How To Become A Meteorologist (With Responsibilities)

Indeed Editorial Team

Updated 13 October 2022

The Indeed Editorial Team comprises a diverse and talented team of writers, researchers and subject matter experts equipped with Indeed's data and insights to deliver useful tips to help guide your career journey.

Meteorology professionals play an important role in the weather departments of several public-sector and private-sector companies. They study atmospheric data and process large amounts of data to make interpretations and weather predictions for people. If you are interested in becoming a meteorologist, learning about what steps to take to become one can help you make good decisions throughout your career. In this article, we discuss what a meteorologist does, explain how to become a meteorologist, understand the skills you require and examine how to improve these skills.

How To Become A Meteorologist?

To learn how to become a meteorologist, examine the steps below:

1. Pursue science during higher secondary education

The first step towards becoming a meteorologist is to obtain the qualifications you require. First, it is necessary to attend the 10th class board examination at a school recognised by leading authorities and clear it with a minimum score of 55%. The next step is to pursue science during higher secondary studies and pass the examination from a distinguished institution with a minimum mark of 60% in 10+2 board exams.

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2. Complete a meteorology certification

Once you have completed your junior college education, the next step is to complete a bachelor's degree in meteorology, physics, maths, statistics and atmospheric science. For this, you can enroll in Bachelor's in Technology (BTech) courses in leading colleges that offer meteorology certifications. The duration of these courses is usually three to four years, and qualifying for them may require that you appear for a national entrance examination, such as the Joint Entrance Examination (JEE).

3. Apply for internships

Upon completion of your education, you can gain work experience before entering a full-time job. This can help you apply help you understand how to apply the theoretical concepts that you learnt in college. When you start applying for jobs in the future, mentioning your internships on your resume can show a recruiter that you are a dedicated candidate. You can look for internships for meteorology freshers through job boards and social media job listings. During your internship, it is important to observe your seniors at work, ask many questions and try to solve problems independently.

Related: What Are Internships And How Do You Find One?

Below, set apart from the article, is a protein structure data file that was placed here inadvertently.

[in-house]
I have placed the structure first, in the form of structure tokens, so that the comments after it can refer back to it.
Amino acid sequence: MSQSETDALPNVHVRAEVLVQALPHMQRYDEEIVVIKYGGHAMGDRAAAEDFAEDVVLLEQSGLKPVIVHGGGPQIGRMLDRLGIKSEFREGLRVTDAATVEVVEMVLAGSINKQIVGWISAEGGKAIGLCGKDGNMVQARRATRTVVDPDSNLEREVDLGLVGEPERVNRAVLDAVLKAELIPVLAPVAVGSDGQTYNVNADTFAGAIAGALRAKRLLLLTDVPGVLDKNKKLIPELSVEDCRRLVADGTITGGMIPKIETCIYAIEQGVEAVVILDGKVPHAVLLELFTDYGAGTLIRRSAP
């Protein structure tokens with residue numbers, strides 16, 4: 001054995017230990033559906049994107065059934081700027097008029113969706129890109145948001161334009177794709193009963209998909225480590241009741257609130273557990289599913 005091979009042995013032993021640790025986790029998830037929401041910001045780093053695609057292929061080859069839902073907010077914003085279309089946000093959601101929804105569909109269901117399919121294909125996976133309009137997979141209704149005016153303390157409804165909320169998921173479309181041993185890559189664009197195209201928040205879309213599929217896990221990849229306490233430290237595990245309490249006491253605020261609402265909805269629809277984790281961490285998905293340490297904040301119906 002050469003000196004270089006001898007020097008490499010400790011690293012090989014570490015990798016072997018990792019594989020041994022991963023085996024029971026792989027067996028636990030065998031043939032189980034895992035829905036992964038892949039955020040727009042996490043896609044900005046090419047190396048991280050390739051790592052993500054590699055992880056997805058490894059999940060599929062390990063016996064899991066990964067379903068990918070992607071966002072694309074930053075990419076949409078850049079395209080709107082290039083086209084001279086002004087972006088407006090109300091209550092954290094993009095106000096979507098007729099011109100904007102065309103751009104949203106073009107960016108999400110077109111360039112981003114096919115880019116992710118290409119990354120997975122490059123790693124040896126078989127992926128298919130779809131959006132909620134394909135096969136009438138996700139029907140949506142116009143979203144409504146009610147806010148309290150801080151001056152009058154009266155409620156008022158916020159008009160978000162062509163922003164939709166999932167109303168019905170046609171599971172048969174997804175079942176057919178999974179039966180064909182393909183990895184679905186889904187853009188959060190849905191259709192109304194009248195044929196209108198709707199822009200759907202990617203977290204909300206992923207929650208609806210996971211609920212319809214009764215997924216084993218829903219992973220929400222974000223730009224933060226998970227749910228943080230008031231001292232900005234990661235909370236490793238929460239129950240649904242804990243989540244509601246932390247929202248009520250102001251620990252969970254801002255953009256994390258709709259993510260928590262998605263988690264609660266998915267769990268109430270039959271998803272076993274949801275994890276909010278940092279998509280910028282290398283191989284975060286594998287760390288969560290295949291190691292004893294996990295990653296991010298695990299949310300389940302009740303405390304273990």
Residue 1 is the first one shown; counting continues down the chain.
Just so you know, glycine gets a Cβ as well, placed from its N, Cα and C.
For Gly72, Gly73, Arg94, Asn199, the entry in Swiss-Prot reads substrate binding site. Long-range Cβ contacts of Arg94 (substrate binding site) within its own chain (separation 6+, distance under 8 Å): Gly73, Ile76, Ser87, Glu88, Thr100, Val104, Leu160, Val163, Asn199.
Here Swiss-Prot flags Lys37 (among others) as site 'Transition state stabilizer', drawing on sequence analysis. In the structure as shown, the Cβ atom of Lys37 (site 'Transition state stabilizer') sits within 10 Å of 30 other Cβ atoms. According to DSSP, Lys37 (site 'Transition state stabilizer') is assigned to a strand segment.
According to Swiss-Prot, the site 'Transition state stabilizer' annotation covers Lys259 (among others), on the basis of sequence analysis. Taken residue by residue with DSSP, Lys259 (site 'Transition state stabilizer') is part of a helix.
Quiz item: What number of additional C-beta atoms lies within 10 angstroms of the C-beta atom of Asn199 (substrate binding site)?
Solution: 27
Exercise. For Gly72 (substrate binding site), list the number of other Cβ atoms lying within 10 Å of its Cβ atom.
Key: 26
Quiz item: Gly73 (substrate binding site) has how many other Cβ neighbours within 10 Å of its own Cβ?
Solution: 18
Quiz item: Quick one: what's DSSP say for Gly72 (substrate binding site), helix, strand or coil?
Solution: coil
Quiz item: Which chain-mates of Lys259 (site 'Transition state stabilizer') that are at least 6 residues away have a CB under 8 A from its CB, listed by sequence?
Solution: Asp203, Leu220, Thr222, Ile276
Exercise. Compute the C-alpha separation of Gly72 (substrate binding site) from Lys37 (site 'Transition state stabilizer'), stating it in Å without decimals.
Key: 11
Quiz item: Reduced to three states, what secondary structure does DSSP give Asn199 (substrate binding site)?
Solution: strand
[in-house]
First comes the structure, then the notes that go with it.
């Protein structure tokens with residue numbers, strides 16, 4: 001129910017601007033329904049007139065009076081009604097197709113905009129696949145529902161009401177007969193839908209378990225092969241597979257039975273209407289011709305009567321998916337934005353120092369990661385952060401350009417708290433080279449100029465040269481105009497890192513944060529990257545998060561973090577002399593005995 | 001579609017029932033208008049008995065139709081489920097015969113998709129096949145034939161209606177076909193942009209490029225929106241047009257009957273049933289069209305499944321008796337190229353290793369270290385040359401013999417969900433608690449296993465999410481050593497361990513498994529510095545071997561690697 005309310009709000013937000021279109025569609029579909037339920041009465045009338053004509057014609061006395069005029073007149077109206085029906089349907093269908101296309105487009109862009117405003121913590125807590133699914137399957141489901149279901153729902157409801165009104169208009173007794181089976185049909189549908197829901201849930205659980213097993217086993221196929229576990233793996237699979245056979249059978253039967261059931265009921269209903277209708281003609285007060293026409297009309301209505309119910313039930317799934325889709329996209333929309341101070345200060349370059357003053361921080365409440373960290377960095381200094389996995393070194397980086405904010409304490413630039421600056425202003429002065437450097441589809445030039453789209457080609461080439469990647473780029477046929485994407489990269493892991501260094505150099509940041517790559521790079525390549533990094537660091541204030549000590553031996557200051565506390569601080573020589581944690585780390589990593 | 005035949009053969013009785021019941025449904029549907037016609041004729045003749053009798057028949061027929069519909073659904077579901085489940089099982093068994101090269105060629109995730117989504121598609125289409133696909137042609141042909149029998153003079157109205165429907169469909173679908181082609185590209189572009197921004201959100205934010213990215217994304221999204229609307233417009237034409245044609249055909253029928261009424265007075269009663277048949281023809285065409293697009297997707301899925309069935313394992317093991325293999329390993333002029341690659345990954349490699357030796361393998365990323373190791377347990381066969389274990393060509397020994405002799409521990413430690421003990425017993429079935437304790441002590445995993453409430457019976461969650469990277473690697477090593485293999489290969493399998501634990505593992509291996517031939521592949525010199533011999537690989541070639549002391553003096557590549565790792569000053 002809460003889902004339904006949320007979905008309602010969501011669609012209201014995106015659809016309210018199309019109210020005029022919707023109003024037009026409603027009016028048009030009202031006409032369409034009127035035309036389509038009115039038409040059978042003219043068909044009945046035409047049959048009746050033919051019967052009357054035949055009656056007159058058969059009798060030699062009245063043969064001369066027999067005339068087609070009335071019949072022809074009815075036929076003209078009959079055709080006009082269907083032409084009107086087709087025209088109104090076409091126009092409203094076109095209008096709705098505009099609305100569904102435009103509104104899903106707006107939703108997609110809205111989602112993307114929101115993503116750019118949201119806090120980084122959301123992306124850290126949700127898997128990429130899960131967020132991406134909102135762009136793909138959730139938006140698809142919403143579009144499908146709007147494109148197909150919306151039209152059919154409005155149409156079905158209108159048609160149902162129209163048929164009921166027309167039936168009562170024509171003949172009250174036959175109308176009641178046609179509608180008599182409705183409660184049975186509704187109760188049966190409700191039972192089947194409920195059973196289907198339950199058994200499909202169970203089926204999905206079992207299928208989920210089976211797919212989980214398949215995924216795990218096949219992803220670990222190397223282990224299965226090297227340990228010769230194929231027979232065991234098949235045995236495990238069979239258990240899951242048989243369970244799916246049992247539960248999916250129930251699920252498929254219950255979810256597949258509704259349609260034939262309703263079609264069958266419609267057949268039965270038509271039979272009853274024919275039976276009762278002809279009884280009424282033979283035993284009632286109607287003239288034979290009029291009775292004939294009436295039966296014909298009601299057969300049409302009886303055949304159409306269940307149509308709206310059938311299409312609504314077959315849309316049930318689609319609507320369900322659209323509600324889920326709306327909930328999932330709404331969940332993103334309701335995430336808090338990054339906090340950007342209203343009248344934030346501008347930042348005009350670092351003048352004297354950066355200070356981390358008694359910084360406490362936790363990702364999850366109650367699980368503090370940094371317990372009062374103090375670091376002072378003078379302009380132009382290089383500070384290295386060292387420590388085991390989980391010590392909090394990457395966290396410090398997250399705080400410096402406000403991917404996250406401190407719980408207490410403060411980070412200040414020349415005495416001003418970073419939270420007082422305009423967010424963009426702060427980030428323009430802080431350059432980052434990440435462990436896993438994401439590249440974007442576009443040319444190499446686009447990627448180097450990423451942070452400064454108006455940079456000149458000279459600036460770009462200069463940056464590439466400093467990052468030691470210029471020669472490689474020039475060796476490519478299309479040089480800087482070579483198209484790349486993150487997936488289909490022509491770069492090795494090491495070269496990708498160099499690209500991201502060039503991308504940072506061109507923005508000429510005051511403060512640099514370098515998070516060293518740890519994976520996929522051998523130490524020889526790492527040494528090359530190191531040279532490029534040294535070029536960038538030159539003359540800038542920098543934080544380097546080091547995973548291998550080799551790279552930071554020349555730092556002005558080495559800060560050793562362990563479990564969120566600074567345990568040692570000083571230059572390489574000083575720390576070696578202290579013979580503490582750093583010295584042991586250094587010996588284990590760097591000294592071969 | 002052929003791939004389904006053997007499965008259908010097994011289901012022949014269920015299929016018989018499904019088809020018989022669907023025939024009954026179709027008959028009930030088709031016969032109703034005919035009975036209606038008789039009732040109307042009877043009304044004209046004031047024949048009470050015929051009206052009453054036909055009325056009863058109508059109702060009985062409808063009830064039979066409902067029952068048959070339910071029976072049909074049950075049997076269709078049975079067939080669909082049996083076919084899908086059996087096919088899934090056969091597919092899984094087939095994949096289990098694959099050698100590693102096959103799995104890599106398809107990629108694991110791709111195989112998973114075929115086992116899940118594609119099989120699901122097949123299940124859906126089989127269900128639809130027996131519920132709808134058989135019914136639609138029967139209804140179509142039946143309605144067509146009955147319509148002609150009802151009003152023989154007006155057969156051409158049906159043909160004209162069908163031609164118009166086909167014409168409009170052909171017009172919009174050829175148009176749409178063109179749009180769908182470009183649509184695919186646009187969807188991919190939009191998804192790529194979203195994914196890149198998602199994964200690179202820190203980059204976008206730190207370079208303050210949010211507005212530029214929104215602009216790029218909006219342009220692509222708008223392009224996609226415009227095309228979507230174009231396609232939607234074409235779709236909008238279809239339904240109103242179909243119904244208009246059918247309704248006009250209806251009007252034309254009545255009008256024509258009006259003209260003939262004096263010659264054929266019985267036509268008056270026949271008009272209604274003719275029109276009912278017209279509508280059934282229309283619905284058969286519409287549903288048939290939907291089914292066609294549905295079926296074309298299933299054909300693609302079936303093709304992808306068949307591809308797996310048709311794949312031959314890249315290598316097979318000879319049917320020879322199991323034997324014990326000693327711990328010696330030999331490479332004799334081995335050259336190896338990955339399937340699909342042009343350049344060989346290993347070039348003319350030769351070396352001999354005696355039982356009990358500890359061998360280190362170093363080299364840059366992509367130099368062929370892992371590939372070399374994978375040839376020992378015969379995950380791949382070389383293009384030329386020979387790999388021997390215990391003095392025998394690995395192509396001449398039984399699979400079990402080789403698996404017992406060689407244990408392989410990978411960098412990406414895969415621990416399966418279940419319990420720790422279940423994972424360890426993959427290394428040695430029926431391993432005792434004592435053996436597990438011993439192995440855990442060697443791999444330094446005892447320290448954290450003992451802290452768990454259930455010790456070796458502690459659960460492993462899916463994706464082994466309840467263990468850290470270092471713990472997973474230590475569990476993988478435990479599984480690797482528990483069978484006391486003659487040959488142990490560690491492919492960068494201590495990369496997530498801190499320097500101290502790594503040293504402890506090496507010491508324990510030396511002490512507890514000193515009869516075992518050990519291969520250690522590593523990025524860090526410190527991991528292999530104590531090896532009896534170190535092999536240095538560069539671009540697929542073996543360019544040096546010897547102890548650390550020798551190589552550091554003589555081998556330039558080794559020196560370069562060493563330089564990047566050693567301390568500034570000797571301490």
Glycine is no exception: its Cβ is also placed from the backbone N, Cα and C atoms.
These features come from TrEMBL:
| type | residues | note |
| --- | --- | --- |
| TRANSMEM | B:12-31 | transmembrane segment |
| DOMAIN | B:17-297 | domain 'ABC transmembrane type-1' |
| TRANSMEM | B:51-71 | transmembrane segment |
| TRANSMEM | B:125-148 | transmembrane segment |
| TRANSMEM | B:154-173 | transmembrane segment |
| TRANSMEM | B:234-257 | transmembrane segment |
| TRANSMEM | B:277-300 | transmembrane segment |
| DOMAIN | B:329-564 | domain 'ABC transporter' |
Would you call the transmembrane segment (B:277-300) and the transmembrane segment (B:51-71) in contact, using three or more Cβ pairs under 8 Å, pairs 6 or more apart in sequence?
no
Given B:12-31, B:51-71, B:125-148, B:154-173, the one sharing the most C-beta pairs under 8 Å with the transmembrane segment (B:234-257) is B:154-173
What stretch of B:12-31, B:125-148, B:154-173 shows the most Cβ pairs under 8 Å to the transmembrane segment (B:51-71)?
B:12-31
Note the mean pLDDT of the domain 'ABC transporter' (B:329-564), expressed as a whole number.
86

4. Apply for jobs

As you near the end of your internship, you can start applying for meteorology jobs. Depending on your specialisation, look for jobs that interest you and offer the working conditions that you desire. You can apply for jobs through online job portals, social media job postings, websites and company career pages. If you are applying for multiple job openings simultaneously, customising your resume and cover letter can help recruiters note your profile. Reading the job description carefully before applying for jobs can be a helpful step in this process.

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5. Pursue a master's degree

Once you have gained some experience as a meteorologist, you can pursue a master's degree to gain further knowledge in the field. This can help you to become an expert in your specialisation and pursue better job opportunities. You can also seek a master's degree in meteorology if you want to explore an area of research and contribute to future developments in meteorology. Pursuing a master's degree after gaining experience can help you better understand more concepts and their applications.

What Does A Meteorologist Do?

A meteorologist works in the field of meteorology and can be involved in researching or forecasting changes in the earth's atmosphere. They study historical atmospheric data, current atmospheric conditions, weather and climatic conditions to produce forecasts or understand different atmospheric conditions. Some meteorologists may look at weather data from millions of years ago to make predictions for the future, while others present daily weather reports. Here are the general roles and responsibilities of meteorologists to help you understand the profession better:

  • Collecting weather-related data from weather stations across the world

  • Analysing short-term and long-term weather data using mathematical models to identify trends or make weather forecasts

  • Preparing weather reports for different channels, such as military units, aviation companies and news corporations